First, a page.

|dc.description.abstract||The use of personality assessments in employee selection is a growing global trend. However, there are numerous controversies in the literature regarding its utility and potential impacts. In addition, many of the ways in which personality assessments are being used in selection are neither aligned with research evidence, nor constrained by a code of ethics or extensive training.
The selection process itself is not focused on the wellbeing on job applicants. This is one possible reason why little to no research has investigated the potential effects of personality assessment for selection on job applicants’ self-perception.
A review of the literature reveals several possible mechanisms for occupational personality assessment as an antecedent to change in self-perception, including positive and negative events, induced behaviour and biased scanning, and response construction.
This thesis investigates the relationship between the assessment of an individual’s personality, and change to that individual’s self-perception, across two independent sub-projects.
In Sub-project A, self-perception was assessed for a group of job applicants before and after completion of a personality assessment within a selection process.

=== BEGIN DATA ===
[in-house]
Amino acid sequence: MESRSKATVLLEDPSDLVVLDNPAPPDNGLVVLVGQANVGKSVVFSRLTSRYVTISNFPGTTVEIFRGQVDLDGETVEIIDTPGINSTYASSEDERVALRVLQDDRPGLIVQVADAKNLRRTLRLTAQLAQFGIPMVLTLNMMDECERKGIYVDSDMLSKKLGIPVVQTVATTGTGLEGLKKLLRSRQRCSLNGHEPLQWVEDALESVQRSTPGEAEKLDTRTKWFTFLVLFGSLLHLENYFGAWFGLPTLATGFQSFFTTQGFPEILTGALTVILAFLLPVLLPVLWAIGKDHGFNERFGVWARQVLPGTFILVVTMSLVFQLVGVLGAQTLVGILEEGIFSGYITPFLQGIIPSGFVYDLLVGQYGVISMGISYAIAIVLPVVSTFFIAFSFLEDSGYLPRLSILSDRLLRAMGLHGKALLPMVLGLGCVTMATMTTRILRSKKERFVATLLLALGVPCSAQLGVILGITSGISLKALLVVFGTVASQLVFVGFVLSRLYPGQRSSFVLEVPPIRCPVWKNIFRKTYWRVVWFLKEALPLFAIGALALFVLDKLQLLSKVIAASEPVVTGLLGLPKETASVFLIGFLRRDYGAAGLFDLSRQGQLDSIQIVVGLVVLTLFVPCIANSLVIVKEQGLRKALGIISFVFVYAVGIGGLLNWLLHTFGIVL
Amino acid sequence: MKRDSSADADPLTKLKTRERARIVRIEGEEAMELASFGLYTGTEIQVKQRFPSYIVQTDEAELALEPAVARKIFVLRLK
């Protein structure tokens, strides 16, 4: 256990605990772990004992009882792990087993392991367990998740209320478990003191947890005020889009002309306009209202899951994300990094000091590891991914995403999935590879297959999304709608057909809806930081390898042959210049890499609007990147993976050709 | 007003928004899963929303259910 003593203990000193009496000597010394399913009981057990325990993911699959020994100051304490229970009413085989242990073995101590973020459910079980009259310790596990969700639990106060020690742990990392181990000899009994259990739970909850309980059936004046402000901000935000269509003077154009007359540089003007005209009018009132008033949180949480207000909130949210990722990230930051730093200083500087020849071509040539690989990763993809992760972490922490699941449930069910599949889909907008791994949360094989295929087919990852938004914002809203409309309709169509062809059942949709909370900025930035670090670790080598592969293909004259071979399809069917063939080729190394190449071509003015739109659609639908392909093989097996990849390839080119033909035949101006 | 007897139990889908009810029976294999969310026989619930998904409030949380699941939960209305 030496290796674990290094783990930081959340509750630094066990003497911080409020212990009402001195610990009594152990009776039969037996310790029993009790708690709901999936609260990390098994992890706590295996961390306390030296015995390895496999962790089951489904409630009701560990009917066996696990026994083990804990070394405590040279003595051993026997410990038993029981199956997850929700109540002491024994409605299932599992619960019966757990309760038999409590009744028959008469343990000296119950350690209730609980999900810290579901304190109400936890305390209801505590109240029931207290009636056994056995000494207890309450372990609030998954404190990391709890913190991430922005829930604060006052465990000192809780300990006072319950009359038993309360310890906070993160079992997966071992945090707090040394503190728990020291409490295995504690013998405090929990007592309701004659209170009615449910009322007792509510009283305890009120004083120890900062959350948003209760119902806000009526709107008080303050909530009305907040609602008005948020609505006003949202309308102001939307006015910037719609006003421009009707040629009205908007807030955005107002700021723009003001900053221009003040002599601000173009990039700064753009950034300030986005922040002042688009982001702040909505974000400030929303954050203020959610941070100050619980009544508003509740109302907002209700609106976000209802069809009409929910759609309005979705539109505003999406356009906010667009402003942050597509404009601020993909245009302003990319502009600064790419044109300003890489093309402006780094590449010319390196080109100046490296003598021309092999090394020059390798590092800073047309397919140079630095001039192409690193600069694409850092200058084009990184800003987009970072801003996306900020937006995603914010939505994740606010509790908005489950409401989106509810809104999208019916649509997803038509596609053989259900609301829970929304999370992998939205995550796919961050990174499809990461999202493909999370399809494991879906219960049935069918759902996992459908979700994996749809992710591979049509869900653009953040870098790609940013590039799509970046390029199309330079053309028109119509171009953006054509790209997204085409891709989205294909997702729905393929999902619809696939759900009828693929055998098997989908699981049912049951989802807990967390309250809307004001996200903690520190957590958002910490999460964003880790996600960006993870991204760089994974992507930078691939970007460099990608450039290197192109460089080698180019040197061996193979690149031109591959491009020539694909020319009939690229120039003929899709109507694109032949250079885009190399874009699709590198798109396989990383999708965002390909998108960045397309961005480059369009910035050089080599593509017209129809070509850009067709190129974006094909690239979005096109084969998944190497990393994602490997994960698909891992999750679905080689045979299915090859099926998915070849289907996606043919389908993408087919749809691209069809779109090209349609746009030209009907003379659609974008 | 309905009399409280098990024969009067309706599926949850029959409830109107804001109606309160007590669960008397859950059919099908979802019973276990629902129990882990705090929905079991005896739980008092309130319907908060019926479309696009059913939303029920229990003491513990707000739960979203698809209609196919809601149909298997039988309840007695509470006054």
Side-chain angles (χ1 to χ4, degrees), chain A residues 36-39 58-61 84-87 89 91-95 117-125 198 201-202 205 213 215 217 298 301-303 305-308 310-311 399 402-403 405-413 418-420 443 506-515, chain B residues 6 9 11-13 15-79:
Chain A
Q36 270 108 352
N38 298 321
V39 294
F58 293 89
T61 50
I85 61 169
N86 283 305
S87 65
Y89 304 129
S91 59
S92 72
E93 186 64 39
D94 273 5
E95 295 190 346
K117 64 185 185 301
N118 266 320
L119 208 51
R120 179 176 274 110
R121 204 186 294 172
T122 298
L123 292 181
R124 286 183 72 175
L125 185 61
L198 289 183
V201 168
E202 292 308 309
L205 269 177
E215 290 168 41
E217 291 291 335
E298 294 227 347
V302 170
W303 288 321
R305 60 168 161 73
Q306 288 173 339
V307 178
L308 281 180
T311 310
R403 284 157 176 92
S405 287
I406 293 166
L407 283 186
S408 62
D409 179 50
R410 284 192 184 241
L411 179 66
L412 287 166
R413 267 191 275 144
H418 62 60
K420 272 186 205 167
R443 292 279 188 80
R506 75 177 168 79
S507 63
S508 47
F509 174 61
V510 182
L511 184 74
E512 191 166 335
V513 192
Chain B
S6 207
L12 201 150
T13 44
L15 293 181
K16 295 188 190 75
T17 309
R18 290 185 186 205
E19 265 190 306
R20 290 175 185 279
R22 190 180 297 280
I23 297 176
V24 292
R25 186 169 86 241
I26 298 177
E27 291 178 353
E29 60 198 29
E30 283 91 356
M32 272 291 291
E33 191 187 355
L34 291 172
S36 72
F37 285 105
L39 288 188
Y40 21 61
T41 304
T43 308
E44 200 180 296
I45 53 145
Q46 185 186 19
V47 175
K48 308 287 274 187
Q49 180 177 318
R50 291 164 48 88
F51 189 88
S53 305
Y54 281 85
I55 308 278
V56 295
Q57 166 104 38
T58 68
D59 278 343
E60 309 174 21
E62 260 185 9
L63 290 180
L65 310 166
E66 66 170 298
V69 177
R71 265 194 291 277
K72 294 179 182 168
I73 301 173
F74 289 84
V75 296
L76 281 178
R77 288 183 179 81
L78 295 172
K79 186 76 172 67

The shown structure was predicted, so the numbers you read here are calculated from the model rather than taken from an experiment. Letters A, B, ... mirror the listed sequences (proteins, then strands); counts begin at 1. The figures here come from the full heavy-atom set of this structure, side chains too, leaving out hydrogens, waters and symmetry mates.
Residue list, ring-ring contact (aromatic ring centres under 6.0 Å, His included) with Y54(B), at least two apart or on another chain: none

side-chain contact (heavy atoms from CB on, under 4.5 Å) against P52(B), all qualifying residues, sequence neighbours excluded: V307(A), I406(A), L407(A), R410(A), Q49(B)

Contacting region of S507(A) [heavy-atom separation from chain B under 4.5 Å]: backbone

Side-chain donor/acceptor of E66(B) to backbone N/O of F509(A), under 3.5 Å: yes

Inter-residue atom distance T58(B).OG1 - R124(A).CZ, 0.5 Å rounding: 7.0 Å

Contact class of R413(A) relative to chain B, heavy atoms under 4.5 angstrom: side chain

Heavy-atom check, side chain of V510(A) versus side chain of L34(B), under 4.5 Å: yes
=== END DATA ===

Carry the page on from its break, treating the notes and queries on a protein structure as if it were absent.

In Sub-project B, self-perception was assessed for a group of students before and after completion of a personality assessment and receipt of a written results/feedback report.
The findings for both sub-projects demonstrate evidence of change to self-perception and support for personality assessment for selection as an antecedent to change in self-perception.
Possible explanations for these results are examined in relation to the mechanisms listed above. The limitations of the current studies are discussed and avenues for future research are recommended.
Sub-projects A and B represent a unique contribution to the literature in relation to both personality assessment in organisational settings, and self-perception change.||en_US